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05-10-2013
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Well it seems everyone is trying to out-twerk (hate that term, sorry to use it) and out-grind each other these days...Rihanna, Beyonce, Nicki Minaj, Iggy Azalea, Miley Cyrus. It's like the defining thing about mainstream female performers, pretty sad times.


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Last edited by sojou; 05-10-2013 at 05:55 PM.
 
 
06-10-2013
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I recommend everyone to read this discussion on the video. I found this video underwhelming and was falling out of love with Rihanna but this changed it all around.

http://thehairpin.com/2013/10/rihanna-on-my-mind

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06-10-2013
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saw her concert on friday and wow i love her even more now! she sang so well and looked amazing! loved her outfits too!

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06-10-2013
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Quote:
Originally Posted by emailme. View Post
I recommend everyone to read this discussion on the video. I found this video underwhelming and was falling out of love with Rihanna but this changed it all around.

http://thehairpin.com/2013/10/rihanna-on-my-mind
Thanks for sharing. I enjoyed reading their interpretations... but felt somewhat saddened about the references they bring, which mostly serve their own hunger for fascinating products that say so little and leave so much room to fill them up with your own quasi-analytical fantasies where being attracted to a trend is magically less meaningless than... being attracted to a trend.

Anyway, the so-called twerking has existed for ages in Caribbean countries (and the rest of Latin America), I think it's raunchy and grotesque by nature, and particularly offensive if you look at it with Western or just classist eyes... because it screams slums and behavior that means fall and not rise in society, but as personally bothersome as they can be, I love how these dances discard or openly challenge what becomes more valued as you climb in class structure, how they thrive on the prohibited, from tango to baile funk to perreo, always the same protest. And yes it can be self-denigrating on an individual level but it's a very powerful statement of segregation. As criticized as it was, I loved when Rihanna attended the carnival a couple years ago and did it out there on the streets, being from there, knowing there's background pride attached to it... and then it was in something like British headlines like 'she couldn't get any worse'...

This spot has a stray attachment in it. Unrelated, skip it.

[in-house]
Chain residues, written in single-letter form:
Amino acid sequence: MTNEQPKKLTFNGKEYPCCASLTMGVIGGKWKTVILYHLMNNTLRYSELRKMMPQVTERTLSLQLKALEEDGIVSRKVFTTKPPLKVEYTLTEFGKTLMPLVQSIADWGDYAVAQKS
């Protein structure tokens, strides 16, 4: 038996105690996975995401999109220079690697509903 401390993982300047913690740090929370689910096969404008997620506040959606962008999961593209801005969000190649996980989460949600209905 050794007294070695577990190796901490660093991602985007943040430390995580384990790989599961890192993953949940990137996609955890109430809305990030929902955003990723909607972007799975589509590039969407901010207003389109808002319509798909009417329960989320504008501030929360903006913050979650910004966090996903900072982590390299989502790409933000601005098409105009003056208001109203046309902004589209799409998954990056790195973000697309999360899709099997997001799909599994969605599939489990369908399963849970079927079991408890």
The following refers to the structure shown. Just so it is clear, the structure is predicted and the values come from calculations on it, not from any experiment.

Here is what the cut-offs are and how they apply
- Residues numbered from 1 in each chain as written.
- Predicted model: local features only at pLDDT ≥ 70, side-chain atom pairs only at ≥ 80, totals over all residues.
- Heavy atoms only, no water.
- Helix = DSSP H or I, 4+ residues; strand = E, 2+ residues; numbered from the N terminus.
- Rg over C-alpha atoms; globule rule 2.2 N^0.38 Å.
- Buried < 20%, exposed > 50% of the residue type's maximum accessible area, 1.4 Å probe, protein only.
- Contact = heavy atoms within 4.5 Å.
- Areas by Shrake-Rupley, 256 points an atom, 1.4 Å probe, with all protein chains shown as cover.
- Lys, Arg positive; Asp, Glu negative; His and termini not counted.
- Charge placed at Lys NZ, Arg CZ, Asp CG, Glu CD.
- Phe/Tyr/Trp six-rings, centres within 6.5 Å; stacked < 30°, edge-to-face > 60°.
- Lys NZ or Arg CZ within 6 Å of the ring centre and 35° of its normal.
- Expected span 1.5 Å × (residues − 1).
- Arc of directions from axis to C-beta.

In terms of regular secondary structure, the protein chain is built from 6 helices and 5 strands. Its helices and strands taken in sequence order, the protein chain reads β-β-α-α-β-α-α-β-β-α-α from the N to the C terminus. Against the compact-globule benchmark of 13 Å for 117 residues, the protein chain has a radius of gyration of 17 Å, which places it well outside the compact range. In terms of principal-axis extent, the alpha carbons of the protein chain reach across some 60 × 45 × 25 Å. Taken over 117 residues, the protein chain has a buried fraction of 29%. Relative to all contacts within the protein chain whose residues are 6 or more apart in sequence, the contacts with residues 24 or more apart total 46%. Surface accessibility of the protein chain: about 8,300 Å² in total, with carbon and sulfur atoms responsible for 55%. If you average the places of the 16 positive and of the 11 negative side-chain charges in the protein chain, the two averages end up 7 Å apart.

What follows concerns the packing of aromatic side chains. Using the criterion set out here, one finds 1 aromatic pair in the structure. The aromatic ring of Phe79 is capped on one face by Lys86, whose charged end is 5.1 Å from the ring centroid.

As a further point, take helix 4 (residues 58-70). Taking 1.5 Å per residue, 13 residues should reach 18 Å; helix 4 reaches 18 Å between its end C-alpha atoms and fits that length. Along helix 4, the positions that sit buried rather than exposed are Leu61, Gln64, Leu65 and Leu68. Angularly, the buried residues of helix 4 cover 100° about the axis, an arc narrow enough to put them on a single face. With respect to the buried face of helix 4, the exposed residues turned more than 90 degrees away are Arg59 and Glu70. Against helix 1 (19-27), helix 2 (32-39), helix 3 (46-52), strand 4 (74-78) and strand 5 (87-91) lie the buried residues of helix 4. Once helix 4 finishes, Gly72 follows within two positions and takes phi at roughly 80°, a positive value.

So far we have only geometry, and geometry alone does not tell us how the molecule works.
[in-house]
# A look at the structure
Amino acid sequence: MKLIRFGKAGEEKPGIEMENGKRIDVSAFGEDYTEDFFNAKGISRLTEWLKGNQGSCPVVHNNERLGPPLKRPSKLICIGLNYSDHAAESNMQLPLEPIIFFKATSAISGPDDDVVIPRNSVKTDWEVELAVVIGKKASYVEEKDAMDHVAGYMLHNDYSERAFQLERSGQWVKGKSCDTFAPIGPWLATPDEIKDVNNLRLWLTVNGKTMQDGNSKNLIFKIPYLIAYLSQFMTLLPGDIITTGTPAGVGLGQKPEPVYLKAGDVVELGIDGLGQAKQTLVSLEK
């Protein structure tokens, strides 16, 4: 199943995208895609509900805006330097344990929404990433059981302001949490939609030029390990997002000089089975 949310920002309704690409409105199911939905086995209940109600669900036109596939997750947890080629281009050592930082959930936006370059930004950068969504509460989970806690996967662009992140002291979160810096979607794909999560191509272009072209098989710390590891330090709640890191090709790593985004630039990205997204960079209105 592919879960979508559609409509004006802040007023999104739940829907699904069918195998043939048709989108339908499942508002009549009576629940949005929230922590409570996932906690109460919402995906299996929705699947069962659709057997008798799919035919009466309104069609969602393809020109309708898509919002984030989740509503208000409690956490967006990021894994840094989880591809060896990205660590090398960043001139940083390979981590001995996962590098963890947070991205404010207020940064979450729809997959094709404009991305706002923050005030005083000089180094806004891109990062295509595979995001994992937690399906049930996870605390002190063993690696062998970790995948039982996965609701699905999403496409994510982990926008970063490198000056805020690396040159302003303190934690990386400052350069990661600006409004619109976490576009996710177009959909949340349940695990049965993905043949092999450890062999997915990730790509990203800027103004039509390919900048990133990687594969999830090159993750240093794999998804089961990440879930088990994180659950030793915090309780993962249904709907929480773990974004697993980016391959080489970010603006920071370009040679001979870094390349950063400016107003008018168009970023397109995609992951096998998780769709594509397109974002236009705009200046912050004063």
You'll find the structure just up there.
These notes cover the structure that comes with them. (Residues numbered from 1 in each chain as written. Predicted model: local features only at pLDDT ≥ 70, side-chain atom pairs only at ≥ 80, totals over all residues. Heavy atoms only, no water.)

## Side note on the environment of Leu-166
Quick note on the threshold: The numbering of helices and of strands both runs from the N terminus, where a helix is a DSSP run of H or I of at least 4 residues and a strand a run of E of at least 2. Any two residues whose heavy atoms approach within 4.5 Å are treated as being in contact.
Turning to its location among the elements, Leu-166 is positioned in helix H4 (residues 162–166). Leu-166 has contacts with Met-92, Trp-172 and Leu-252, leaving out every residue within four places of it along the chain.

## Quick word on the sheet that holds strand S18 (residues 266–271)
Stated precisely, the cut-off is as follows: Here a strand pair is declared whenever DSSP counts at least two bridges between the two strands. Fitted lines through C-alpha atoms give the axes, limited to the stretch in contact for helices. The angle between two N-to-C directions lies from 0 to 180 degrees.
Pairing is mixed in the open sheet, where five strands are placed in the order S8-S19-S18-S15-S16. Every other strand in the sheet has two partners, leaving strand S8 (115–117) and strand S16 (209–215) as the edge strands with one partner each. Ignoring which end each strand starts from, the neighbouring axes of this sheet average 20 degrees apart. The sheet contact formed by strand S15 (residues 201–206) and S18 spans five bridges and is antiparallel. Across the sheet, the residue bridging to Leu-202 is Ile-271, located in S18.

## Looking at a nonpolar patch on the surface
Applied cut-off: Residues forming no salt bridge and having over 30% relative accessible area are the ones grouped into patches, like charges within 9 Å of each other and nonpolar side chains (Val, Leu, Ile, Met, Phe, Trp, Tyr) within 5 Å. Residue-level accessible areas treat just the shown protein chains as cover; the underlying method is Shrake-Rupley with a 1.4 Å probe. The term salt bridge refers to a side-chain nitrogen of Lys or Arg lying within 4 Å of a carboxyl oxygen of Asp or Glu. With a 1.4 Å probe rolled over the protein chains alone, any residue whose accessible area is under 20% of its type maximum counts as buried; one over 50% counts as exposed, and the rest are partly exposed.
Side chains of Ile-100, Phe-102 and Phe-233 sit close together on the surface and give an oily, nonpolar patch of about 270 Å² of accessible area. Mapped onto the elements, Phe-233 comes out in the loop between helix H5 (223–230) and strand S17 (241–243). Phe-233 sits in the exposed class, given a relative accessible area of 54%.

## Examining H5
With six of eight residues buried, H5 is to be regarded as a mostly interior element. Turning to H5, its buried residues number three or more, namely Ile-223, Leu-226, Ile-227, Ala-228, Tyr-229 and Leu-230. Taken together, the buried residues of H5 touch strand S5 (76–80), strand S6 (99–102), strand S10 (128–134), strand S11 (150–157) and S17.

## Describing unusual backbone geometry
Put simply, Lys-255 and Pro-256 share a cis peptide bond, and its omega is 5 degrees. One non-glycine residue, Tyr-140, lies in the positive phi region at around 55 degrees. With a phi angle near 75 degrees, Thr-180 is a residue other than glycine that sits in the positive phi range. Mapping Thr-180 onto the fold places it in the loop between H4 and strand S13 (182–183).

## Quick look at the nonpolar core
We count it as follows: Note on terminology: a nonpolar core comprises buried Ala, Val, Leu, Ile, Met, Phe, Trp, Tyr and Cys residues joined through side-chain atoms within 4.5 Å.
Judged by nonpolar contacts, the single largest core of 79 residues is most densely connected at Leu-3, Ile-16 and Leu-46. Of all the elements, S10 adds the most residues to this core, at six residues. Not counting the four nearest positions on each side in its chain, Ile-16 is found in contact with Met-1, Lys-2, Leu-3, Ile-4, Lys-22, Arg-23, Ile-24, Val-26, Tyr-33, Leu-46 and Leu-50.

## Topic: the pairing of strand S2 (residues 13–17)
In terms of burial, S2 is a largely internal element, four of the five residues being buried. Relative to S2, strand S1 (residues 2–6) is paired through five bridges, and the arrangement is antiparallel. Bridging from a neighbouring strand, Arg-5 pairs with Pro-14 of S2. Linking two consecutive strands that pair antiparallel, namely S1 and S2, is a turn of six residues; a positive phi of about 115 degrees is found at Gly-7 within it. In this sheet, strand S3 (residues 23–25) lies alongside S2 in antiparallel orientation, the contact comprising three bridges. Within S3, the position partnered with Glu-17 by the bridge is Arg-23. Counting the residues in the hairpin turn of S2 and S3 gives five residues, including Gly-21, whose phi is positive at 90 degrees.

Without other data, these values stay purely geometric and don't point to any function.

So highly sexual dances are part of her upbringing... what's ridiculous is seeing some of them getting translated into a commercial, post-Disney culture, seeing people like Miley do it almost as a last plea to not be sexless.. ().

Back to the video, I find it bad... I think the dances are actually amazing but I don't think being 'dude-free' is entirely true when it's a celebration of what 'dudes' themselves created in first-world rap culture, which is reducing women to tits and butt... with some money and some bling to make them more useful. Whether she makes her own currency and gets to keep it unlike dumb men that lose it is inconsequential when she's chaining herself up to being a possession, and god knows nothing sucks more than being your own possession, look at Paris Hilton. So I don't think it's remotely empowering, and I think she's proved to be so much smarter than that...